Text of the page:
Texas Health Care Briefing No. 8
Effects of Texas’ nursing home workforce crisis reported
The workforce crisis in Texas nursing homes is no longer a quiet crisis — it’s impact is making national news.
“Operators of nursing homes in Texas reported 97% turnover for certified nursing assistants, with 90% turnover for other key frontline caregiver positions — promoting leaders in the state to declare a “crisis,” Alex Spanko wrote in the national publication, Skilled Nursing News, May 16.
“Per-day Medicaid reimbursements for nursing homes in the Lone Star State have lagged behind actual costs since 1994, according to the THCA, with more than 75 percent of operators saying they can’t make ends meet on Medicaid residents.”
While the national publication reported the impact, the effects are also being recognized throughout the state.
“There’s a growing healthcare crisis in Central Texas. The nursing shortage isn’t new, but there’s now a dire need for help in nursing homes,” College Station’s KBTX-TV led the news with recently.
“Nursing homes in Central Texas and across the state are scrambling to find nursing staff in the face of a 97 percent annual turnover rate for certified nurse aides and a 90 percent annual turnover rate for registered and licensed vocational nurses,” Waco’s KWTX-TV reported.
“The Texas Panhandle’s large population of older residents could be impacted due to a nursing shortage facing the entire country,” reported Amarillo’s KFDA-TV in a report titled, Lowering the bar: nursing shortage impacts senior assisted living.
“I think the largest factor is low pay, they are paid extremely low wages for a job that is incredibly demanding,” Amarillo long term care Ombudsman Kathryn English told KFDA’s Mike Makie.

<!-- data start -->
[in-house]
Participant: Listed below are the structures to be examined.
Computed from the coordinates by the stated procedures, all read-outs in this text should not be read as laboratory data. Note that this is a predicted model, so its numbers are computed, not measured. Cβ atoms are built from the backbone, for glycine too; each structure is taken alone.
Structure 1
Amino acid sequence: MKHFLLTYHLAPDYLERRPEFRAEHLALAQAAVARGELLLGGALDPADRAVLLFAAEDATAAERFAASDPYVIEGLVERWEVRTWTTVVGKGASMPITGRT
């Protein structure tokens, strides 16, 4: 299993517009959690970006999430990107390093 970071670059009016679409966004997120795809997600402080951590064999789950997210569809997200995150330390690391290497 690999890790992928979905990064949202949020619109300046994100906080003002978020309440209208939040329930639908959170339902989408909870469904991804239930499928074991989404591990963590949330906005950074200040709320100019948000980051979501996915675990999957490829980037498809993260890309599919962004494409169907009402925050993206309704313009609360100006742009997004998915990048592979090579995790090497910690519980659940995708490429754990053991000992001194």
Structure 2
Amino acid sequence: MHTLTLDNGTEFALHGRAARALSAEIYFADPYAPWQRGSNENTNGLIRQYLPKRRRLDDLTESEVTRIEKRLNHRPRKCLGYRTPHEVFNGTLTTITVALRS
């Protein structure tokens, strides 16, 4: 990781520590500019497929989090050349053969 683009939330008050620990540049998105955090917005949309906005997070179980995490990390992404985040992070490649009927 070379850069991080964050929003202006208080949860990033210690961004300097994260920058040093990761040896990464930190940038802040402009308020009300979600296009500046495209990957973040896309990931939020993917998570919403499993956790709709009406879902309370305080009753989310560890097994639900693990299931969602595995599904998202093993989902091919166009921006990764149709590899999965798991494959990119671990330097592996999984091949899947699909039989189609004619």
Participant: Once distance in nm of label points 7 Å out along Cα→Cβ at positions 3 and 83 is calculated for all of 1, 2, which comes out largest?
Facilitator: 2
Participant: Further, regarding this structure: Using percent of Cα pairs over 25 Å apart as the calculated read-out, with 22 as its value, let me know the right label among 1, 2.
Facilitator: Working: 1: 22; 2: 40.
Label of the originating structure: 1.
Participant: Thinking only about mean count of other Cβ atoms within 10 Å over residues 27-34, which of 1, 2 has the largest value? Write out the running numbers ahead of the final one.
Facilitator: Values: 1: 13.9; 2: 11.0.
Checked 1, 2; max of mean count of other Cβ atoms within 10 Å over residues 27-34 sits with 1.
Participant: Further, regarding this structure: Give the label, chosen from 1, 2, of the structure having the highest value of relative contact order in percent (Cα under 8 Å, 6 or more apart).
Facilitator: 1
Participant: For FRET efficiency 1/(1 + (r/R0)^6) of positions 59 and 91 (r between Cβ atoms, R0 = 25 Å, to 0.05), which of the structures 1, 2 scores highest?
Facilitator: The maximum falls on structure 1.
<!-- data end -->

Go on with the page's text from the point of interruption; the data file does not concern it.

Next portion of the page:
“…this problem is affecting more than 3,000 nursing homes and assisted living facilities in the state, including some of the 55 here in East Texas,” reported KETK-TV in Tyler and Longview.
“The turnover rate for long-term care is 90 percent and even higher for nurse assistants and licensed vocational nurses. This could result in a lower quality of care.”
Skilled Nursing News put the story into a national perspective with its coverage.
“States with higher average Medicaid rates generally saw higher nursing staffing hours per patient day, while additional research suggests that better reimbursement figures can lead to reduced rehospitalizations — a key metric for the government and operators alike,” Spanko wrote.
“In 2015, Texas had the second-lowest Medicaid reimbursement rate in the country, at $143.48 per day, ahead of only South Dakota and its $133.74 payment rate. For comparison, Alaska led the way with $435.64, followed by Hawaii at $278.77 and Delaware at $256.69.”
Spanko also noted that Texas is different in its demographic profile: “While the population has surged in recent years, Lone Star State schools haven’t kept pace with nursing graduates, leading to a deficit in the number of available registered nurses, according to another recent report from advisory firm Mercer,” he wrote.